PHOENIX (AP) -- Economists who advise Arizona's independent legislative budget analysts said Thursday that residents who have hunkered down through years of tough economic times may finally have reason to be a little more perky this year, but the economy won't meet Gov. Jan Brewer's expectations.
The state's housing market is on the upswing and job growth has returned, and that means more revenue for the state. That will provide slightly more money for Brewer to spend on priorities like education and adding Child Protective Services workers, but not nearly what she expects, said economists who serve on the Finance Advisory Committee.
Brewer's budget, released last week, projected about $261 million more revenue for the 2013-14 budget year than what the staff of the Joint Legislative Budget Committee expects. The difference troubles some top lawmakers who are charged with coming with a deal on Brewer's proposed $8.9 billion spending plan for the budget year that starts July 1.
Both lawmakers and Brewer look out three years to project how things will shape up, and they take into account expectations about the economy, and revenue and spending changes.
But they're far apart: Brewer's plan anticipates the state will spend down reserves during those three years and end up about even, while the JLBC staff expects the state could be $263 million in the red by the third year. And that doesn't include $250 million needed if the state Supreme Court upholds a recent ruling that said lawmakers illegally cut the amount they are required to add to school funding each year to adjust for inflation.
For average Arizonans, the budget battles that will shape up in coming weeks are but a sideshow. But the message from the economists who advise the Legislature on state revenue forecasts held out hope Thursday that things are getting better. The gains are agonizingly slow, however, compared to previous recoveries from recessions.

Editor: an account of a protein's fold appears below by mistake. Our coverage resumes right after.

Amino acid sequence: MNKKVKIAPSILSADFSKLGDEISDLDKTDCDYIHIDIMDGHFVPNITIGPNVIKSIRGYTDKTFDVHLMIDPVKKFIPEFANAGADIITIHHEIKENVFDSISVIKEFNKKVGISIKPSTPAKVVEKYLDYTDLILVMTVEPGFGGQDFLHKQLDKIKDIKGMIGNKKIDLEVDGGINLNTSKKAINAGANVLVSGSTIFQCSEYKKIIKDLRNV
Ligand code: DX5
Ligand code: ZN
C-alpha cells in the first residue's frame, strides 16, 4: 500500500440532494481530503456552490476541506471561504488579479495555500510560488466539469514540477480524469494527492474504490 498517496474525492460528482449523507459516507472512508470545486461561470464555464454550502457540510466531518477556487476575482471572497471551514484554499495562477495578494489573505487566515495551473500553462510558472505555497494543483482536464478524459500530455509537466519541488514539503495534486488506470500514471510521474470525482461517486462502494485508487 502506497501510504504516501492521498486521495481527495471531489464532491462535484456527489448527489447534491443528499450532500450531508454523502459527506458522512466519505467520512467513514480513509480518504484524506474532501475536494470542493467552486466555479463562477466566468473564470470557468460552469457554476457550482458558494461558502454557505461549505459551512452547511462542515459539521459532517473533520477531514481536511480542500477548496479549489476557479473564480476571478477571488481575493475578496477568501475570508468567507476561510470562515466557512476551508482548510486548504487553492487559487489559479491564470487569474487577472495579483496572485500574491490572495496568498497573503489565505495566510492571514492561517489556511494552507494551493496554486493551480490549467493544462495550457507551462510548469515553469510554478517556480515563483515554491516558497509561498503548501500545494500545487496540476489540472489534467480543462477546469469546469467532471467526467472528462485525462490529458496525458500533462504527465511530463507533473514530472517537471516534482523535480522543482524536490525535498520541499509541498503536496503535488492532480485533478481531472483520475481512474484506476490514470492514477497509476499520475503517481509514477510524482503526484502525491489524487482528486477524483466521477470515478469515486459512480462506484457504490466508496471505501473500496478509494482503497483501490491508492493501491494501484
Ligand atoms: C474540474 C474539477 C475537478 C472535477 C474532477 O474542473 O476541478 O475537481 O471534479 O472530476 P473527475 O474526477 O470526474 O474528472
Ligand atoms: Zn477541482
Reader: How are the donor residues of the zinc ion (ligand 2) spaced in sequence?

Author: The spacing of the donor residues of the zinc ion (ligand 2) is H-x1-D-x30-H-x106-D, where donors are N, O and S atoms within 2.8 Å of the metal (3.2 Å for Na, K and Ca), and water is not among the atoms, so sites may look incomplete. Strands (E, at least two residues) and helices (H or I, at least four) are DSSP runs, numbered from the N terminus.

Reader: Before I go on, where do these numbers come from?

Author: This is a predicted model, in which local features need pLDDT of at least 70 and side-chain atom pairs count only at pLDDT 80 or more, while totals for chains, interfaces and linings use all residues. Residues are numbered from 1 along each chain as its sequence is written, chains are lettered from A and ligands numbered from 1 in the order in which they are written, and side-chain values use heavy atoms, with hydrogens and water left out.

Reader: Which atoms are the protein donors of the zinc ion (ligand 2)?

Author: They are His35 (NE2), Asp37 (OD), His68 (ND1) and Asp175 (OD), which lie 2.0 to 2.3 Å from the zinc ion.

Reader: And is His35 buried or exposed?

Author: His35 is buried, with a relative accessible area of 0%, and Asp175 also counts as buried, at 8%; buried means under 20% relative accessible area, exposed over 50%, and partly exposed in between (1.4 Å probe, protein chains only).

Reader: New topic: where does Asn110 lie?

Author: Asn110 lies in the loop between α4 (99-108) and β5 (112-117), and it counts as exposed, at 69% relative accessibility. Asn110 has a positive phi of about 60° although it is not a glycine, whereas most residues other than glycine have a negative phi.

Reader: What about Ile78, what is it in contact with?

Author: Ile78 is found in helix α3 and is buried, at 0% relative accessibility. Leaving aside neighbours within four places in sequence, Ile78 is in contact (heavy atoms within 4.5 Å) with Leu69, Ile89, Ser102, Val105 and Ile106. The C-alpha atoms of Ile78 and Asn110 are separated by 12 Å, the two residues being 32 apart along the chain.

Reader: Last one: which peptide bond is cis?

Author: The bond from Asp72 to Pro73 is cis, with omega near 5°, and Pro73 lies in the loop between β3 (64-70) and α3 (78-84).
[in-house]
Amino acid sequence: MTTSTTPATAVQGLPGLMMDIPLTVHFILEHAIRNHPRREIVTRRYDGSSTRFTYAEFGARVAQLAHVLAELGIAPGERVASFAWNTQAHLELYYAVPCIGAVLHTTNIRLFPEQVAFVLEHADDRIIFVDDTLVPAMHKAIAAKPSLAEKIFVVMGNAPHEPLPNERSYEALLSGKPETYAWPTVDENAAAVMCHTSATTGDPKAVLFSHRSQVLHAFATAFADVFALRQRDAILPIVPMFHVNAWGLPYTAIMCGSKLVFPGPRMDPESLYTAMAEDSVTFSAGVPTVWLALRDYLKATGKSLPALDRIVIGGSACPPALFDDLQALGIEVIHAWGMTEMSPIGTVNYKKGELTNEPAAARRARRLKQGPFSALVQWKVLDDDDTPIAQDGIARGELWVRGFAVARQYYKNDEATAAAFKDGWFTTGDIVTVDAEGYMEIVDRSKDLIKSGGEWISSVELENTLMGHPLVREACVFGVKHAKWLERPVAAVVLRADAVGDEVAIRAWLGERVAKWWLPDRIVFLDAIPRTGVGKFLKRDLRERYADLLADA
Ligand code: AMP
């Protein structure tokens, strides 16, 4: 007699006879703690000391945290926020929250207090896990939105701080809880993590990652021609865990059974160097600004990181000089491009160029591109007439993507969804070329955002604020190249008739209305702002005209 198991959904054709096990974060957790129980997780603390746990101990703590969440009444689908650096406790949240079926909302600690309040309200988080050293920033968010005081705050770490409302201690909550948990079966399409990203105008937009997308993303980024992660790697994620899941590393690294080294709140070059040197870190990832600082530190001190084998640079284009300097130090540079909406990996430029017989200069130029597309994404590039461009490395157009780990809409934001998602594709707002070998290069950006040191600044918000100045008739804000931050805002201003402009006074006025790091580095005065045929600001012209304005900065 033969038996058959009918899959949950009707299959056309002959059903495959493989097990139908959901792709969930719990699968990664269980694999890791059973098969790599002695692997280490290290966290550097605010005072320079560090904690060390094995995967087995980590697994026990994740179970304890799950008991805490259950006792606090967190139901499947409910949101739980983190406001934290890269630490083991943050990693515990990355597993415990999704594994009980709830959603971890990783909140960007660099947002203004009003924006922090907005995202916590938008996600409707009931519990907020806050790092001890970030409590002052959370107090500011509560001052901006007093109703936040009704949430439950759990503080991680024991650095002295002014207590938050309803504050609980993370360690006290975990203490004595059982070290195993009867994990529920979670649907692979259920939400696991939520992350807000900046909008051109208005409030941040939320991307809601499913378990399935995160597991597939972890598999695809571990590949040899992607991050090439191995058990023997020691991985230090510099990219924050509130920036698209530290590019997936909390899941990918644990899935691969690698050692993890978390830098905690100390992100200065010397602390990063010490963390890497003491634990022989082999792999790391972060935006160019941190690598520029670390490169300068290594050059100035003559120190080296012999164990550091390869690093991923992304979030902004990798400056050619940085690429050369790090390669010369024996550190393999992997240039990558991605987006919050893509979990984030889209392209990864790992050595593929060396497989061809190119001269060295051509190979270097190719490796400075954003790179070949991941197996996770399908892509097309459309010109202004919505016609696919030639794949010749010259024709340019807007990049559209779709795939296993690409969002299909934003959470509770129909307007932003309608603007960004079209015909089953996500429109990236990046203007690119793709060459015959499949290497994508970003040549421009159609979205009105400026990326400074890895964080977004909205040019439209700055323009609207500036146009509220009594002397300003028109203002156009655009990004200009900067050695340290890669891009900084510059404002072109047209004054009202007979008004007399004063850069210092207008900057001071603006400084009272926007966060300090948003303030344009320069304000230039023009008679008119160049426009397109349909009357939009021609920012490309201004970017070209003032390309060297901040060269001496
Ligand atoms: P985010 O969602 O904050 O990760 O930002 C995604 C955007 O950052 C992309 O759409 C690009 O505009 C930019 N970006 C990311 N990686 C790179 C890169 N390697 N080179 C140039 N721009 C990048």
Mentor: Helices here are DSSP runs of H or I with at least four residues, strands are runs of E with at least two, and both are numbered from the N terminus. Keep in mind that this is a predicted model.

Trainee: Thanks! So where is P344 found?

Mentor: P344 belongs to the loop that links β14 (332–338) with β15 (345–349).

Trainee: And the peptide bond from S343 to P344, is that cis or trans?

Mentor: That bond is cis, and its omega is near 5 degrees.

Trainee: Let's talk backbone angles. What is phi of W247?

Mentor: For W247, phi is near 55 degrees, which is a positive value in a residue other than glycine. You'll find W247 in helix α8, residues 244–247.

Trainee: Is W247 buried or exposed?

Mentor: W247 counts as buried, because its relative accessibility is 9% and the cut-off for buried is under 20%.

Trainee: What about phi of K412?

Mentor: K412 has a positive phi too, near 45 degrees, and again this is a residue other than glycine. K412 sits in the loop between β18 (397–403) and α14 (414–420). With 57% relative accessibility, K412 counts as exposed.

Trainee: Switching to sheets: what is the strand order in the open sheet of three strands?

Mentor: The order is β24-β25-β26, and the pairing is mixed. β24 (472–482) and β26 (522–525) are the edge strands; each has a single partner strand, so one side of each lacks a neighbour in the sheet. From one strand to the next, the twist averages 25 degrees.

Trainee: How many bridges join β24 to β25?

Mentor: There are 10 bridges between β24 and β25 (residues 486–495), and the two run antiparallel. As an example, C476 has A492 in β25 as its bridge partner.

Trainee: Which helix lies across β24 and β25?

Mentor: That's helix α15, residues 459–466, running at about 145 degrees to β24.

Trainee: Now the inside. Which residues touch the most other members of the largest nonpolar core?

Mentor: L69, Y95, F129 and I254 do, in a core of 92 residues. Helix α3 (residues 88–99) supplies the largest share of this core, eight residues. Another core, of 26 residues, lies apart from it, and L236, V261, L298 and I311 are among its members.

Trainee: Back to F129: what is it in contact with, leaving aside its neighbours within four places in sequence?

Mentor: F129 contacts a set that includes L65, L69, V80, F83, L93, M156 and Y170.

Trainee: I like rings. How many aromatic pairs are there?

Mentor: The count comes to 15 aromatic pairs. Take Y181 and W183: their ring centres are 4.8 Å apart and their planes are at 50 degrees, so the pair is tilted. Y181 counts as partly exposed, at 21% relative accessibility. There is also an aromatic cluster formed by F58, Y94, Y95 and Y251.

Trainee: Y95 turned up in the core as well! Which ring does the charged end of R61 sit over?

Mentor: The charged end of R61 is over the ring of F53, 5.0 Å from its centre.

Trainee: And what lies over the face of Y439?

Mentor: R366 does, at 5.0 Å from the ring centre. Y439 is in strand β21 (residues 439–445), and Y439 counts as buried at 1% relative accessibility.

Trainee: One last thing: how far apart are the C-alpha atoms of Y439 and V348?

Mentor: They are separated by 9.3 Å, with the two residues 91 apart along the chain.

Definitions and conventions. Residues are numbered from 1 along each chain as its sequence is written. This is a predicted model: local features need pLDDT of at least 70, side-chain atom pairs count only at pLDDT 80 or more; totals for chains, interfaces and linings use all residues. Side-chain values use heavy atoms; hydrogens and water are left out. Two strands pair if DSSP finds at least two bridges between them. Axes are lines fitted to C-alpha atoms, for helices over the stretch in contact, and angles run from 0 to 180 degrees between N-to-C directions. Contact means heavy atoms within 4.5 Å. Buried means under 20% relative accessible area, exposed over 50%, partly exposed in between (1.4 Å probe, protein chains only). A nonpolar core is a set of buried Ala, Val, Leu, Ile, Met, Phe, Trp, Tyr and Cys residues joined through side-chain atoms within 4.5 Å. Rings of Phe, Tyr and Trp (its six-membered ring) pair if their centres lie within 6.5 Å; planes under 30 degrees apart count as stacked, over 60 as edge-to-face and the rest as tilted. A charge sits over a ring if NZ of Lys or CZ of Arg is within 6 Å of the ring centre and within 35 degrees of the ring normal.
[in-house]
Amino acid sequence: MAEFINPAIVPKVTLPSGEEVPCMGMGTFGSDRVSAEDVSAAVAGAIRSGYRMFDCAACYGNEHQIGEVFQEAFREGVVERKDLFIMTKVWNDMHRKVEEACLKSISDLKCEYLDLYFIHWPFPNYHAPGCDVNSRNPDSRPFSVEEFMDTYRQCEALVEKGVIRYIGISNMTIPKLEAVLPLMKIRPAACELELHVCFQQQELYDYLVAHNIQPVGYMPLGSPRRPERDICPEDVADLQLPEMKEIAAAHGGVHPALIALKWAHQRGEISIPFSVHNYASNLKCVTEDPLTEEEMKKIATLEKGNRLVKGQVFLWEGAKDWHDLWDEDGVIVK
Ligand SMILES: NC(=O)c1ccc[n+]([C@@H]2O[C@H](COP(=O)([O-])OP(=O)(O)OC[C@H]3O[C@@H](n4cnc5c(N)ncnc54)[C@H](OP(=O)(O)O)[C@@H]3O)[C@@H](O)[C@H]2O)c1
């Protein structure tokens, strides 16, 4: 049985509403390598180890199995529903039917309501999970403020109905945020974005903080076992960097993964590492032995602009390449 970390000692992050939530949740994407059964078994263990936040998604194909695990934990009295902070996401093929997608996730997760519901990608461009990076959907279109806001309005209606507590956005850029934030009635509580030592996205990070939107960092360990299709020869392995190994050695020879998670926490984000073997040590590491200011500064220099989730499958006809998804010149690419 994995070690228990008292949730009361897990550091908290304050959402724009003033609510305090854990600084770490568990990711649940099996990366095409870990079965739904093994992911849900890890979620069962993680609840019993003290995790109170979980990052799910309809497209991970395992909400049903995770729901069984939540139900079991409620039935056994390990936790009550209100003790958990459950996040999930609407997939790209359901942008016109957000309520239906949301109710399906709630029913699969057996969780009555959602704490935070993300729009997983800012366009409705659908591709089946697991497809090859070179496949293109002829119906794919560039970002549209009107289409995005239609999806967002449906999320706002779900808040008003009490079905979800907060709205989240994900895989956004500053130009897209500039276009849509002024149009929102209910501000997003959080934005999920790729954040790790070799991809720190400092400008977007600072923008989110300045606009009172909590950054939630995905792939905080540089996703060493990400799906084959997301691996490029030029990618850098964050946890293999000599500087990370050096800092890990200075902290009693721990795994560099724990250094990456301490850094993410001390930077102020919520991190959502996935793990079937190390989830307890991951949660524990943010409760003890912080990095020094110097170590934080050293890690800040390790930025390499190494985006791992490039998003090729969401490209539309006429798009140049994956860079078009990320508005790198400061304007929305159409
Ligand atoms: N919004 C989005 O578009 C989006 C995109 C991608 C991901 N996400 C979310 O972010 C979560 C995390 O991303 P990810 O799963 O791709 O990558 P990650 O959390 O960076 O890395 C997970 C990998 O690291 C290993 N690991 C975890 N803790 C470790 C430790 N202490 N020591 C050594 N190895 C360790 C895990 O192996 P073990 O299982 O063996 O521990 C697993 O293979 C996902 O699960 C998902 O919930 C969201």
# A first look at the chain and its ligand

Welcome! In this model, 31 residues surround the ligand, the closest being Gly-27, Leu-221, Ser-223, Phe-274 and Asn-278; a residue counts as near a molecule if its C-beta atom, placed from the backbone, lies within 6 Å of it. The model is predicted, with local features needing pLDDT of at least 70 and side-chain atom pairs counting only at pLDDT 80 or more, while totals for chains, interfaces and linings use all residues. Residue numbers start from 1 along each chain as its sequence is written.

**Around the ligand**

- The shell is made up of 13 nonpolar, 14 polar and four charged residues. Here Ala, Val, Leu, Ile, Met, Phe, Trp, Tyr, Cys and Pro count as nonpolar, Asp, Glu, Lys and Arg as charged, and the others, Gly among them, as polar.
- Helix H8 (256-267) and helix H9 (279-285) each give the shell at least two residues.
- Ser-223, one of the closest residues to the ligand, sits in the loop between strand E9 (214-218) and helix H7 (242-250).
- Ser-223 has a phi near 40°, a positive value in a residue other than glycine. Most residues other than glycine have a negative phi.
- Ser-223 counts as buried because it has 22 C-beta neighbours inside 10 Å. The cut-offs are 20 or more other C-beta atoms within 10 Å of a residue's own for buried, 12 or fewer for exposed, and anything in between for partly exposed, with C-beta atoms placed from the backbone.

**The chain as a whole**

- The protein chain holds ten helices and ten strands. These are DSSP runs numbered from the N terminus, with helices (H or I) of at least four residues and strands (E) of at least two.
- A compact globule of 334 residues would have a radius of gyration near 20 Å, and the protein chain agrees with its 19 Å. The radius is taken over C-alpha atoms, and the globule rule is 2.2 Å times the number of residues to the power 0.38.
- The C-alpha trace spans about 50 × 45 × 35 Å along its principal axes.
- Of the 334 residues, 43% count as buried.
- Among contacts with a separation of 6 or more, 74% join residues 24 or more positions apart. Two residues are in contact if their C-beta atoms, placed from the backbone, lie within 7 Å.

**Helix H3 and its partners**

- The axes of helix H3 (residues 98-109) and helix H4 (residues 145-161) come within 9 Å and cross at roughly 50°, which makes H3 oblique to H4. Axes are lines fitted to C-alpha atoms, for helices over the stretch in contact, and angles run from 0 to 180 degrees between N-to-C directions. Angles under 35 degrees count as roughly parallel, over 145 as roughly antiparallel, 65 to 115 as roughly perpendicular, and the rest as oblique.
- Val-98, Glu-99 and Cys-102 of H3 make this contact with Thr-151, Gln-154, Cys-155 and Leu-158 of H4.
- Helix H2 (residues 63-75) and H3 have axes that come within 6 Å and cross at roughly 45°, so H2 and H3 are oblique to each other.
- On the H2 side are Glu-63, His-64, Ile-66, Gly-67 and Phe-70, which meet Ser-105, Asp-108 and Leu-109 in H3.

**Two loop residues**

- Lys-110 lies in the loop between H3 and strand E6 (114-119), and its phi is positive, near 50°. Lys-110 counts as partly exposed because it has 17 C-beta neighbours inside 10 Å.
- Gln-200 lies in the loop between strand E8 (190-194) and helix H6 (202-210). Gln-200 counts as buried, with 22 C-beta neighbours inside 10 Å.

"The average Arizonan has been cautious and gotten his financial house in much better shape that it has been, is likely to continue to be cautions and pay down debt, or at least not take on a lot of debt, and really is in much better shape," said Elliott Pollack, a Scottsdale economist who runs a private advisory firm and serves on the Finance Advisory Committee. "They will feel better when the housing price goes up more, when they actually believe they have equity in their home that's marketable."
The same could be said for Arizona's finances, he said.
After a huge dip in revenue forced deep spending cuts, revenue is now steadily growing, although still not back at the $9.6 billion peak in 2007. Revenue also will take a hit when a temporary sales tax that brought in nearly $1 billion a year expires in May, and when new business tax breaks kick in.
The state also faces risks including federal spending cuts or another recession, so lawmakers have signaled they'll be choosy on raising spending this coming year.